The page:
Magie is believed to have had friends in Arden, Delaware, a utopian community established by Georgists. Its founders had ties to the Quaker (Society of Friends) religious sect, and the crusading journalist Upton Sinclair lived there for a time after gaining fame with his Chicago meatpacking exposé The Jungle. Magie's game was played avidly at Arden, although members made some modifications to its rules. From Delaware, the Landlord's Game spread to other states over the next 20 years. The economist Scott Nearing had lived at Arden for a time and later promoted it to his students at the University of Pennsylvania's Wharton School of Business. Columbia University students played it, as did students at Williams College in Massachusetts, where it became a minor craze among members of the Delta Kappa Epsilon fraternity during the late 1920s. Magie also lived in Chicago for a few years and promoted her Landlord's Game there.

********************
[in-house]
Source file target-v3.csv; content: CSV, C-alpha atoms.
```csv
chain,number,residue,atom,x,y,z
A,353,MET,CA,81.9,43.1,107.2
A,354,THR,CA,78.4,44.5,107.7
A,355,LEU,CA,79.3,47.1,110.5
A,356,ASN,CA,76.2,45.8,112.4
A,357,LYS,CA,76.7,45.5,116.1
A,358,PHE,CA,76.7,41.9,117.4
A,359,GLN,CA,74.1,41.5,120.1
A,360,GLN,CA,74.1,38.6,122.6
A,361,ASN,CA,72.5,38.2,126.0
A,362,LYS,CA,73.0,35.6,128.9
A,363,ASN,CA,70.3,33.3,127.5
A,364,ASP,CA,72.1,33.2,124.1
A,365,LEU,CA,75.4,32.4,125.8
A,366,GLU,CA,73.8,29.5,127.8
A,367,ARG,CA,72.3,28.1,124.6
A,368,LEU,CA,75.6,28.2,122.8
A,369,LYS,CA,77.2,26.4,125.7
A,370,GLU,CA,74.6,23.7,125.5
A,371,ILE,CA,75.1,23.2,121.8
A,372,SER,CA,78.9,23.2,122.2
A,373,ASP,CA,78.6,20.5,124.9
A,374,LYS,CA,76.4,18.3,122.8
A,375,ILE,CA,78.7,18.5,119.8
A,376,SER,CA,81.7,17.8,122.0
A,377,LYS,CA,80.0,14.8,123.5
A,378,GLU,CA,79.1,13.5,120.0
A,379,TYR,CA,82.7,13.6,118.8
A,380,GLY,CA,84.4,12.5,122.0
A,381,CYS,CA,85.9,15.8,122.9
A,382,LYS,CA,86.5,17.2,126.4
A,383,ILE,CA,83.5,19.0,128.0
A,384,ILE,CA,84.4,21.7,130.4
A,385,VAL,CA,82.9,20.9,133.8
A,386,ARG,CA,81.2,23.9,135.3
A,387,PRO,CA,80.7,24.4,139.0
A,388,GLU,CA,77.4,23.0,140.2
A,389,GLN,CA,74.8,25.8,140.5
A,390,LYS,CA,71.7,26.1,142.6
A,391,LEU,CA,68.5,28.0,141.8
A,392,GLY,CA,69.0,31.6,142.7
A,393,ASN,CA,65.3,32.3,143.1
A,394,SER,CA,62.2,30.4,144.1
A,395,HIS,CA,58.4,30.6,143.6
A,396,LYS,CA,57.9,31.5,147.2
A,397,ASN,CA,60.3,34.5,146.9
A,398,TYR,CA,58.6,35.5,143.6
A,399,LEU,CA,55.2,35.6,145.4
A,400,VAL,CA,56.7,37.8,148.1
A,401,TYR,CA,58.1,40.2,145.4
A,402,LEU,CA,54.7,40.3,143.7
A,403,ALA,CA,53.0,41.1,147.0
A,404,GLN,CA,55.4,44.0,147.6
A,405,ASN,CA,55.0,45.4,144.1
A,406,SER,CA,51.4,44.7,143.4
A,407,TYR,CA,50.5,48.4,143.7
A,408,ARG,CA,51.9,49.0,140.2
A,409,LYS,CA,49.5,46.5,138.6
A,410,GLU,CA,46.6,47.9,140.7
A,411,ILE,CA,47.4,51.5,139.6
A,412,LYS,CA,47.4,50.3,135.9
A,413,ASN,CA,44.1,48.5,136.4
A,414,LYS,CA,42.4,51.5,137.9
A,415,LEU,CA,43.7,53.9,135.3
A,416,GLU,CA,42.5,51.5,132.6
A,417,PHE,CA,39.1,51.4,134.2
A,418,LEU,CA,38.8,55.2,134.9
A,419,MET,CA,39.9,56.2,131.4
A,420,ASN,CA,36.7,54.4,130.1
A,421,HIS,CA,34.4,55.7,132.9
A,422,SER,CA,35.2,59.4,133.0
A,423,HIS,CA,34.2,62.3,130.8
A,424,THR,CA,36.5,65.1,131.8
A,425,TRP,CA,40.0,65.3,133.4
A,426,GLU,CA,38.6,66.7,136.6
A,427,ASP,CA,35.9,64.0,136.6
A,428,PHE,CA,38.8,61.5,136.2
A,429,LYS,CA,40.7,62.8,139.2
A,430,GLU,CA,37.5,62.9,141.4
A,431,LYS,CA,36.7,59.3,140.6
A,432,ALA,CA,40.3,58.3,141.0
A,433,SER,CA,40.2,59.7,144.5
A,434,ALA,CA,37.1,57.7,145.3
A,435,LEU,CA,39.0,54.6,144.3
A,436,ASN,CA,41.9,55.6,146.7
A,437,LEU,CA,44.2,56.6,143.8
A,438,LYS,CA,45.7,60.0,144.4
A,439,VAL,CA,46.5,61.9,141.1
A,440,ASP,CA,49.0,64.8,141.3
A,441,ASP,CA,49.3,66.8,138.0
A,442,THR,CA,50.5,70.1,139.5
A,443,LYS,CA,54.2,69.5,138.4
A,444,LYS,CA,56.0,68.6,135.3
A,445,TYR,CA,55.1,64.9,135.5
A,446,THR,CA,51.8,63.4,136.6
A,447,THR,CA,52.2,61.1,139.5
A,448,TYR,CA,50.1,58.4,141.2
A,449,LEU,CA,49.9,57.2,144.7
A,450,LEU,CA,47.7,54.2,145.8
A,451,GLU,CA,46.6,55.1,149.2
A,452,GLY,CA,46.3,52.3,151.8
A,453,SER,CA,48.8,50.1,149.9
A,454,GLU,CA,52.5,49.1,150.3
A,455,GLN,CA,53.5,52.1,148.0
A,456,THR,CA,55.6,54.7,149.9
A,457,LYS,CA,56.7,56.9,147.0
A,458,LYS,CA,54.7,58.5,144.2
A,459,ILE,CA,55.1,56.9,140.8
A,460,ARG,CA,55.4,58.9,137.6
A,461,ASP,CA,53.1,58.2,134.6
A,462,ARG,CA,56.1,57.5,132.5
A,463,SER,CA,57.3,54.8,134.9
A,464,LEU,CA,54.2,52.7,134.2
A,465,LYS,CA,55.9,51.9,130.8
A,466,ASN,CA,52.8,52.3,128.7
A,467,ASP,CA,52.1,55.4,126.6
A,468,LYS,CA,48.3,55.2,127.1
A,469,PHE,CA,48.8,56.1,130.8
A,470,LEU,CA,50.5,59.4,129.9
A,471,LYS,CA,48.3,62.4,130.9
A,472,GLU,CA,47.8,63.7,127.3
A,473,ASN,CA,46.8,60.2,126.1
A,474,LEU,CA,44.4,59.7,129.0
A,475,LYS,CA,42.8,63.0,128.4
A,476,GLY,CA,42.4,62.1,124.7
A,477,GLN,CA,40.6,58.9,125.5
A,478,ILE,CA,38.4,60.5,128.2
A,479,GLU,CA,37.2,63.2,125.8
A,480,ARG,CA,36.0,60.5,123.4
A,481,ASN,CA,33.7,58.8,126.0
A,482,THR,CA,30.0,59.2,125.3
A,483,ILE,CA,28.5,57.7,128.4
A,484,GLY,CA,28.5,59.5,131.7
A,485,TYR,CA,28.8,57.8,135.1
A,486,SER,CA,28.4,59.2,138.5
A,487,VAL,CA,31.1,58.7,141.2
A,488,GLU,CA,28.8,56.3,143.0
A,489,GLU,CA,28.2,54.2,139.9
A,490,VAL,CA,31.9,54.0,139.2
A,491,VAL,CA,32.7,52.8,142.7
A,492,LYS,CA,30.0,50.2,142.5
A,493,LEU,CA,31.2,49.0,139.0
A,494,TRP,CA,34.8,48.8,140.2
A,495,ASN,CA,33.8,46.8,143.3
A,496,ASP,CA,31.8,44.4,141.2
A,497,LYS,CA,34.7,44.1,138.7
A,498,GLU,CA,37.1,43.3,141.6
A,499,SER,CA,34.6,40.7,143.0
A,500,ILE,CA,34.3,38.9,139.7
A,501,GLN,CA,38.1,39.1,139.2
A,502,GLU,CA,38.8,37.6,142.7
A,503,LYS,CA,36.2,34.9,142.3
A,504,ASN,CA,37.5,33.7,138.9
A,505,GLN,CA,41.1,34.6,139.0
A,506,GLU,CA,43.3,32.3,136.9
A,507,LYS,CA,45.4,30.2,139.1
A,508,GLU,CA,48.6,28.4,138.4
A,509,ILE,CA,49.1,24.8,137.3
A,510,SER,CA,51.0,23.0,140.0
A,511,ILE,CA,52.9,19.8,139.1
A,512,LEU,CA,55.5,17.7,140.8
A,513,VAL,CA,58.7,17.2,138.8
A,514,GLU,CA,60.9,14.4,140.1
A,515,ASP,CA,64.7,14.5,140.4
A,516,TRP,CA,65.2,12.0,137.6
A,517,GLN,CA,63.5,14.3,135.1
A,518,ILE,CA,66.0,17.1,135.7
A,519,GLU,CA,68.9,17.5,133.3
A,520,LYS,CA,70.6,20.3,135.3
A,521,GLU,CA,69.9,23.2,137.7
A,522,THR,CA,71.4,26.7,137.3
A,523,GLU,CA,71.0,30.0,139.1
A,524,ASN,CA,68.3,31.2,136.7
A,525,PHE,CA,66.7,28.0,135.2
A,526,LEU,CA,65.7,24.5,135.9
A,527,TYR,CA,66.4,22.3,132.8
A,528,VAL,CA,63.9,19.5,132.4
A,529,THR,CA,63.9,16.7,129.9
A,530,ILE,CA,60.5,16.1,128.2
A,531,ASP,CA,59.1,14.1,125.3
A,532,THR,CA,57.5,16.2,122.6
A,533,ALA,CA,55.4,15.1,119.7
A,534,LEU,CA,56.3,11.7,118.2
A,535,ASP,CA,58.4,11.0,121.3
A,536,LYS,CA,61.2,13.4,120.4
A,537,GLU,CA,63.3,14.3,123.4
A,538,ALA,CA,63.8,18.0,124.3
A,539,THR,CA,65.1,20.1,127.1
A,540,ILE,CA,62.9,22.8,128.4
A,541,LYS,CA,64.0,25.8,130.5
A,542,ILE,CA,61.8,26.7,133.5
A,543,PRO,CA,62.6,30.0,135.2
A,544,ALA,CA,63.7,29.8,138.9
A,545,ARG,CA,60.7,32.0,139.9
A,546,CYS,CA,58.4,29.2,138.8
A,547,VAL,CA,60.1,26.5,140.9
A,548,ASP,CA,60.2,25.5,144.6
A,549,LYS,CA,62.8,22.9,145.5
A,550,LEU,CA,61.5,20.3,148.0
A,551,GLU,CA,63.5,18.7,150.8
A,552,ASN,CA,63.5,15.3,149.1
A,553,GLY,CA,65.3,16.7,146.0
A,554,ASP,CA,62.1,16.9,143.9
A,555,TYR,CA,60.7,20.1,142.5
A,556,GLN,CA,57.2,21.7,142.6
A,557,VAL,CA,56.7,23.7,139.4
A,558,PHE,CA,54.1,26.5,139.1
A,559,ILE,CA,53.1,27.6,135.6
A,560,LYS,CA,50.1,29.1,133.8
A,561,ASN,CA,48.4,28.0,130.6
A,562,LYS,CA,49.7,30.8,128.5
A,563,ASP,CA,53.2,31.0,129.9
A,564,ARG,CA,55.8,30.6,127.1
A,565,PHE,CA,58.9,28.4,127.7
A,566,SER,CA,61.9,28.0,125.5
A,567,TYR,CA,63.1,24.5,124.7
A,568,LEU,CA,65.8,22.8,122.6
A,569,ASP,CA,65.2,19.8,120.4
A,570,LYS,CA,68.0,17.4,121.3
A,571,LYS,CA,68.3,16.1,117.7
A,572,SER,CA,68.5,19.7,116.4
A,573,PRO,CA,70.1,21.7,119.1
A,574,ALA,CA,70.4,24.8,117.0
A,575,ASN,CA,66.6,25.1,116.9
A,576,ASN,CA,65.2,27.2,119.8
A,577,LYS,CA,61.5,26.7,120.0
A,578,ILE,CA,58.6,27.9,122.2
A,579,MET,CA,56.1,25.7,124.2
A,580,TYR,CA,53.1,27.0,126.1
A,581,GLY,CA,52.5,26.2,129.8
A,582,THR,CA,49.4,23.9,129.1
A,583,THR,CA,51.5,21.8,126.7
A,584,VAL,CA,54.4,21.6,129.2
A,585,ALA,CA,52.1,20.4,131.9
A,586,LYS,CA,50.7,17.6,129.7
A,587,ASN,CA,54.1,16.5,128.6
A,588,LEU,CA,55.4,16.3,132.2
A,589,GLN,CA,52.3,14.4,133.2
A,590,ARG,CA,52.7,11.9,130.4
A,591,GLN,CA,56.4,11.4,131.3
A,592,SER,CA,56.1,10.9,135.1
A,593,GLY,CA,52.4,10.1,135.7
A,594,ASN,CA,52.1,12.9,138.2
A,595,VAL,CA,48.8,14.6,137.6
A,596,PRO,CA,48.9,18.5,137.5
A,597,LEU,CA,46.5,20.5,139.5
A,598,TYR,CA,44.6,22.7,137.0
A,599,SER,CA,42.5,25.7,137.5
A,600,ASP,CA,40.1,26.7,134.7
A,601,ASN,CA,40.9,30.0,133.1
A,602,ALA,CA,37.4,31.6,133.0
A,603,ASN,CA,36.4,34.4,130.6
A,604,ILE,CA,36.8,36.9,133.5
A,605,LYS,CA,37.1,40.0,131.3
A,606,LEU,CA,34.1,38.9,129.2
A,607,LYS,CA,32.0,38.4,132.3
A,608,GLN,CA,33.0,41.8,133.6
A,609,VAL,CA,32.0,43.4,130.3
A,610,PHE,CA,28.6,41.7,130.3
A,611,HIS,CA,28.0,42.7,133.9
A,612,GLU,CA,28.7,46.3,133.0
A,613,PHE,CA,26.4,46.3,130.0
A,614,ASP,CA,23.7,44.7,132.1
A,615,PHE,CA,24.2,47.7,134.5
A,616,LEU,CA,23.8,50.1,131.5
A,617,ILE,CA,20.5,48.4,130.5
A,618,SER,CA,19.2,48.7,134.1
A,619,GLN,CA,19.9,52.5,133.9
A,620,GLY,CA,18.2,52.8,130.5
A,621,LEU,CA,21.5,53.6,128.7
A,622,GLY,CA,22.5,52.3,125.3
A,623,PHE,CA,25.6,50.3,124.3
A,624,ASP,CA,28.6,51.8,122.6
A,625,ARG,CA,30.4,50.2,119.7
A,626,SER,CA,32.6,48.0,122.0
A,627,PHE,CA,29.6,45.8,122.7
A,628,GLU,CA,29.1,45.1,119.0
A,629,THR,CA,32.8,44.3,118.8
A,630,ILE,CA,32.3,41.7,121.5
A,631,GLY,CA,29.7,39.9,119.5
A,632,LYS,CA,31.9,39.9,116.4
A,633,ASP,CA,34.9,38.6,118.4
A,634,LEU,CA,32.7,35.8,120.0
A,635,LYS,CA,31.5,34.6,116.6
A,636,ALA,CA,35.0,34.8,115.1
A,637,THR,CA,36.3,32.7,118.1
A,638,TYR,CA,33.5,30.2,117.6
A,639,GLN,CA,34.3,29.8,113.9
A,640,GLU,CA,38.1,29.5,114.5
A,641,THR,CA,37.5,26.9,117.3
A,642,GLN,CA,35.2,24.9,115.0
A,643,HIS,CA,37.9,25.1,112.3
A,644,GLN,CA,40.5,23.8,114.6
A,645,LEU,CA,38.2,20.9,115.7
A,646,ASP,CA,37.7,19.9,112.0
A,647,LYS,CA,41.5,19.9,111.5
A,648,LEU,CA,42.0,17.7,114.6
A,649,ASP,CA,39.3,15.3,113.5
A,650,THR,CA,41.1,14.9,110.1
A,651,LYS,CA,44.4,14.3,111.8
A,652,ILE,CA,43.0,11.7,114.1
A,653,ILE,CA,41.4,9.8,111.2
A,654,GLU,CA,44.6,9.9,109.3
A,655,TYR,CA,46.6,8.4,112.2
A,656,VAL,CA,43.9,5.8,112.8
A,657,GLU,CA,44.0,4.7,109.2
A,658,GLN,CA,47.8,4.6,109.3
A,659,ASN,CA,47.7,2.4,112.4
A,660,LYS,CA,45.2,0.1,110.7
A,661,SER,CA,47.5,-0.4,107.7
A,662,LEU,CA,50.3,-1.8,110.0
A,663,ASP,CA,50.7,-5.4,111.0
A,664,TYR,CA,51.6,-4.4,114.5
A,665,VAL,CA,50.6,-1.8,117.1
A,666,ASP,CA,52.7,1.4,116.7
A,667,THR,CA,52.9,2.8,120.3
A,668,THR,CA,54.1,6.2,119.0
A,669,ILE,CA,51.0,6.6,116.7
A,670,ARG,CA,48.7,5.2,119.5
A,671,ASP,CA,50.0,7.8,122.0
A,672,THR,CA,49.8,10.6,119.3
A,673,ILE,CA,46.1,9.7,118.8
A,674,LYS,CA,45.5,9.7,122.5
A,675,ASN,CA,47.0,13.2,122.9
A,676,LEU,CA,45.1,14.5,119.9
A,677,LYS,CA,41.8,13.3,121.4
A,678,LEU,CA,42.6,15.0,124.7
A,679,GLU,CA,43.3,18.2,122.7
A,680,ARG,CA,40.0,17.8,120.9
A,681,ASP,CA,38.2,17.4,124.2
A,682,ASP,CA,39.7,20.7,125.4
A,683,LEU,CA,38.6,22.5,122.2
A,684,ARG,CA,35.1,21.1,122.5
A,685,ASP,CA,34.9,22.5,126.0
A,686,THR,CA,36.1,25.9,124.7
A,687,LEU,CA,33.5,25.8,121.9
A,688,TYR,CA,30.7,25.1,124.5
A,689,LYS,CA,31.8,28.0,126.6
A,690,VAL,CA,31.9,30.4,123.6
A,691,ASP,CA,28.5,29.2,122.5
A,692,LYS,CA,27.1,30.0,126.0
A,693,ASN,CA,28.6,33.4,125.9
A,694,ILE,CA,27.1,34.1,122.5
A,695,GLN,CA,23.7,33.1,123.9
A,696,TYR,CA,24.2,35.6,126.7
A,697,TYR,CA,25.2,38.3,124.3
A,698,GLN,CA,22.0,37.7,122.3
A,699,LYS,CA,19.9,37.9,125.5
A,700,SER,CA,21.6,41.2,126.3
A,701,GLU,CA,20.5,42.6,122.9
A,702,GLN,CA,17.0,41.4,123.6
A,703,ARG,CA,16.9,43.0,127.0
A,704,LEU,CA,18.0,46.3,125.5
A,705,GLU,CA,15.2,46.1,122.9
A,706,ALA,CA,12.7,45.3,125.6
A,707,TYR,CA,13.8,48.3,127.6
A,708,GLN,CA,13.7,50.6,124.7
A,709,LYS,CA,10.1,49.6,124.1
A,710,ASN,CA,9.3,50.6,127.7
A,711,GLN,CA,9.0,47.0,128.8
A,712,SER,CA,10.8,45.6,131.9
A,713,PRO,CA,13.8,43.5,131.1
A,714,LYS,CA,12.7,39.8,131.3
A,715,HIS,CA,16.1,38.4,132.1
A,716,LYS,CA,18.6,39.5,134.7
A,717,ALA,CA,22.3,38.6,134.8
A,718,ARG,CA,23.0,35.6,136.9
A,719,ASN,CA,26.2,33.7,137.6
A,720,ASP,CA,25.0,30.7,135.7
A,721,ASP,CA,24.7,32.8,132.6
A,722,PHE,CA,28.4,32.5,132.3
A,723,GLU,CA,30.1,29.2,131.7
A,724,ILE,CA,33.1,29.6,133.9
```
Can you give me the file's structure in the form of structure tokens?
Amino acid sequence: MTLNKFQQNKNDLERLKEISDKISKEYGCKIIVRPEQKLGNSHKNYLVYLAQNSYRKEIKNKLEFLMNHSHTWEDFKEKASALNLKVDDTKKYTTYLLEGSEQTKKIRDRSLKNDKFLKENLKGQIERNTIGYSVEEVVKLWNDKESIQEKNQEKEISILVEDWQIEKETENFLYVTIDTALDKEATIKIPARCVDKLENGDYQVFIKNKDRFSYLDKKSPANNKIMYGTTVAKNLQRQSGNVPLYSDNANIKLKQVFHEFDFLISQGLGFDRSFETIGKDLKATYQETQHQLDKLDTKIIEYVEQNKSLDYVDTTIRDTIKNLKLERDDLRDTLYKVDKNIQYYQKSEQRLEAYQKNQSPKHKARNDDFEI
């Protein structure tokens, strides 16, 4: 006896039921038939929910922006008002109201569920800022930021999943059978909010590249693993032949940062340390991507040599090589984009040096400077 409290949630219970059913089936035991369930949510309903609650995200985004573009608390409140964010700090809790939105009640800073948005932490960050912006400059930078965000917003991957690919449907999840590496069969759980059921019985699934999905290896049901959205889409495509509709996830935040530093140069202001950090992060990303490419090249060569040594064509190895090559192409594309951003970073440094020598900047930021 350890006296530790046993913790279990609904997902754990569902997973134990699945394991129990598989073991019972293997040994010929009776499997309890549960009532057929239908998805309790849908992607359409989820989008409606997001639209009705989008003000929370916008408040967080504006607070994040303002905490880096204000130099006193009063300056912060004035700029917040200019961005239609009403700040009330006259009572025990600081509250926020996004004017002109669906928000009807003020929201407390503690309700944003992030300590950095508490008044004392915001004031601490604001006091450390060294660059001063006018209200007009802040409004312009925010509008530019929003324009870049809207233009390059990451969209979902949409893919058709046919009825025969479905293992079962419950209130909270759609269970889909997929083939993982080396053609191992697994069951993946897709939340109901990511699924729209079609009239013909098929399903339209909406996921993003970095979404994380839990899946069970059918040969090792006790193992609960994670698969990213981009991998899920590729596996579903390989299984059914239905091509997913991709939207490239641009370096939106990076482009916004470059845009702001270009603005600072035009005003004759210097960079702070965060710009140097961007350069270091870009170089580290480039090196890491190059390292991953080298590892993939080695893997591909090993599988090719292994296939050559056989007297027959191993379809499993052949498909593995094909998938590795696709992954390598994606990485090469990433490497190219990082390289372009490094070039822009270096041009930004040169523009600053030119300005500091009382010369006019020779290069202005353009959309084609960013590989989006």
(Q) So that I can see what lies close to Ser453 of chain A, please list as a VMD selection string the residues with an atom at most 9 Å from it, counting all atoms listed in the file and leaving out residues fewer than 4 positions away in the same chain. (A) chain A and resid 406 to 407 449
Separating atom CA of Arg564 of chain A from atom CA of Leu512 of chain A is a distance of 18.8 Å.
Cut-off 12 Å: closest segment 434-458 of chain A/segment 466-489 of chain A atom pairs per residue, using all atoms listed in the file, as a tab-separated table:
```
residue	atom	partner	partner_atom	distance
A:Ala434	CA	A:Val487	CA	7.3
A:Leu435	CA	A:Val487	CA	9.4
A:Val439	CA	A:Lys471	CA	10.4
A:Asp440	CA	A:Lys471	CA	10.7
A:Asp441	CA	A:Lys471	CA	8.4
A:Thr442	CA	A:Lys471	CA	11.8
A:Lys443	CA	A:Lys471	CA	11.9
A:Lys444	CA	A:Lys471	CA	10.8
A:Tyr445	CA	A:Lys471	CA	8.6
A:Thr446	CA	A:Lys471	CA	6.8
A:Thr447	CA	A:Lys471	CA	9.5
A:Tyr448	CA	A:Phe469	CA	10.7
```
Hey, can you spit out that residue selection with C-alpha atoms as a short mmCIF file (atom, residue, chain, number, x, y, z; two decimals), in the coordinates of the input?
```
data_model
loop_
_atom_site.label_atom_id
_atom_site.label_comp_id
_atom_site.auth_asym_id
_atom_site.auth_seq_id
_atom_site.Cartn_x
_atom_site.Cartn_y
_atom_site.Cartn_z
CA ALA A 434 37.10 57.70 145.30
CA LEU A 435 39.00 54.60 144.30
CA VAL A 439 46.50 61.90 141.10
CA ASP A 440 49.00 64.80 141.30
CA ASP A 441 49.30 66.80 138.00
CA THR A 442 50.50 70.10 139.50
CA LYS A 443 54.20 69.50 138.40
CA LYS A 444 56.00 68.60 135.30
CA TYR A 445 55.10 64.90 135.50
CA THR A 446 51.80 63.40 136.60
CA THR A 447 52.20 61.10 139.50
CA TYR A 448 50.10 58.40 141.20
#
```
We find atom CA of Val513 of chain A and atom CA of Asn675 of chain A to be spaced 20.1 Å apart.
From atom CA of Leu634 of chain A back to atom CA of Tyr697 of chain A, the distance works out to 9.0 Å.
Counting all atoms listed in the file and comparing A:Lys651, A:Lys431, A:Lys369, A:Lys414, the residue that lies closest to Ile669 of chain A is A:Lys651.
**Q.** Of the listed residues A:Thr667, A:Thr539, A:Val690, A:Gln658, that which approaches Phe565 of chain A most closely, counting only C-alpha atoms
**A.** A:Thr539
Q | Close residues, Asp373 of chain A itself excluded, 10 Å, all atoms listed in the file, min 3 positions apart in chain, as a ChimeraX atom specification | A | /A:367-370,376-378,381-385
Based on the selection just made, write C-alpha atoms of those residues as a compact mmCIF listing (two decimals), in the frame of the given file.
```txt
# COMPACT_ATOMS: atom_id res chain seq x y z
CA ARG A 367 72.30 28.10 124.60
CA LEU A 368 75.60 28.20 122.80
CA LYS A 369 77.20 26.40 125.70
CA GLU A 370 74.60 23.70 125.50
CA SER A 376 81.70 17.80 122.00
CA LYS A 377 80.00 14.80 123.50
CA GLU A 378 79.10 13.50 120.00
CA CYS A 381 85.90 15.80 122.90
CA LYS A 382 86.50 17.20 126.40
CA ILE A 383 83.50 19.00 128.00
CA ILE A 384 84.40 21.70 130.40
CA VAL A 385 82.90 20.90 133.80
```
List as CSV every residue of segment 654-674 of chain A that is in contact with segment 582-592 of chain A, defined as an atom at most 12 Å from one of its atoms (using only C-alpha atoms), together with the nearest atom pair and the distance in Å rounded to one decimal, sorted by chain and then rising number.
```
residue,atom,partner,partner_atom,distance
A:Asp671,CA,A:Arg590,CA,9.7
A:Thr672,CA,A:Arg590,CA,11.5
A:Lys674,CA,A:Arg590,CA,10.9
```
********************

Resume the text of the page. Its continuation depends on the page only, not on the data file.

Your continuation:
Pilon's book traces the history of Magie's invention, which she modified ahead of a second U.S. Patent Office approval granted in 1924. One Williams College graduate took it to his hometown in Indianapolis, Indiana, where a young woman named Ruth Hoskins learned to play it. When Hoskins moved into a community of Quakers in Atlantic City, New Jersey, she introduced it to Ruth Harvey, a fellow teacher at the Atlantic City Friends School. From her home on Pennsylvania Avenue, Harvey began making sets for friends and “monopoly” game nights became a weekly pastime for the Quaker community in the resort city during the early years of the Great Depression. The Atlantic City Quakers added new features onto their version, including naming the property parcels after local streets like Baltic Avenue and Marven Gardens, and placing hotels in order to boost revenue from a square.